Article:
The Ghan
Press Room

The Ghan is a true Australian icon with its bold red and white locomotive taking guests on outback adventures for more than 90 years.

Travelling between Adelaide in South Australia and Darwin in the Northern Territory, The Ghan’s camel motif signifies its desert crossings and is a link to the Afghan cameleers who arrived in Australia in the 1830s.

These desert pioneers were immortalised in 1929 when the first steam train travelled from Adelaide to Stuart (later renamed Alice Springs). This trailblazing train was dubbed ‘The Afghan Express’ but was soon shortened to ‘The Ghan’.

Playing an important part in history, The Ghan transported servicemen during the 1940s for deployment to World War II and later in the 1970s, became critical for mining, transport and agriculture while transporting supplies.

These days, the train continues its journeys between Adelaide and Darwin as a premium, two-night, three-day all-inclusive journey with Off Train Experiences in Alice Springs and Katherine.

Featuring Gold Service and Platinum Service, The Ghan can reach up to a kilometre long in peak season with up to 300 guests on board.

And while it’s a far cry from its humble beginnings, today’s Ghan is still rooted in its connection to the outback and the spirit of adventure.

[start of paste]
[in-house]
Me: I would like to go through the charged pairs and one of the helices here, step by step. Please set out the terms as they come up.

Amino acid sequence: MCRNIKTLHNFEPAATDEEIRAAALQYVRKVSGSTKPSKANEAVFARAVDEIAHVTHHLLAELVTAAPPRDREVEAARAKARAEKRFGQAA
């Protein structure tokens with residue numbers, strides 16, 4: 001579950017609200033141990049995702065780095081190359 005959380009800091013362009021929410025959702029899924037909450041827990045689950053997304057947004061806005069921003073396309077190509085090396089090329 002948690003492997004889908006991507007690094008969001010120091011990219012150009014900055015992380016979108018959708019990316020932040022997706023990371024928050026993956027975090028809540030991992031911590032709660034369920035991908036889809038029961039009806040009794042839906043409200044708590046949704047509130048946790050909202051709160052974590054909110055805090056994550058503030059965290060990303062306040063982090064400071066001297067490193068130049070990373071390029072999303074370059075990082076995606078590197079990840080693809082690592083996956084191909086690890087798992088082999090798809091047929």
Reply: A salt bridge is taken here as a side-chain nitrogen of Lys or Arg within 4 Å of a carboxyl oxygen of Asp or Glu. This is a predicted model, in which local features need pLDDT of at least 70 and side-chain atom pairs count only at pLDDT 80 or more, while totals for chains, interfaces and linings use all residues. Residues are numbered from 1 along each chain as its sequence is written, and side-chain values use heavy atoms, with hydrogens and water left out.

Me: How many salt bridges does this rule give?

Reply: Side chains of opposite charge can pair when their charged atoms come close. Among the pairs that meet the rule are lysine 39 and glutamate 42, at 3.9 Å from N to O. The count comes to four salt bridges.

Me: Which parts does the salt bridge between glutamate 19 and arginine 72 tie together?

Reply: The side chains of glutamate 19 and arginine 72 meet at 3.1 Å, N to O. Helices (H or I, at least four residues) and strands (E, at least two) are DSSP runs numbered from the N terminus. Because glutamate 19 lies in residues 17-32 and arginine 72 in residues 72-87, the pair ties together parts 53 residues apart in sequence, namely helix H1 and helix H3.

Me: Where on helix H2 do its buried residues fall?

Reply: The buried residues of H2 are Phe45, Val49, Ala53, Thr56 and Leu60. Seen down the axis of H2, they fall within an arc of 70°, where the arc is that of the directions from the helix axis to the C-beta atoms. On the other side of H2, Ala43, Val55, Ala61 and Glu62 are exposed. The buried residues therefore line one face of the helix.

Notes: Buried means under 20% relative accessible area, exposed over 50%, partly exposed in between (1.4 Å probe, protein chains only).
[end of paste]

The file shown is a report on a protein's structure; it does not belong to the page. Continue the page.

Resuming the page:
From April to October each year, the southbound journey from Darwin to Adelaide becomes The Ghan Expedition – an extended, three-night, four-day journey with Off Train Experiences in Katherine, Alice Springs and quirky, underground town, Coober Pedy.

With a major focus on food and wine, The Ghan’s menu tells the story of the country it travels through, proudly showcasing local produce, including barramundi, quandong and salt bush.

Fast Facts

  • The Ghan’s first journey was in 1929 from Adelaide to Alice Springs and it wasn’t until 2004 that the track between Alice Springs and Darwin was finally finished, allowing a true transcontinental crossing.
  • The Ghan’s Outback Explorer lounges are named after heroic pioneers who explored Australia’s interior, including John McDouall Stuart, Robert Burke and William Wills, Len Beadell and Charles Sturt.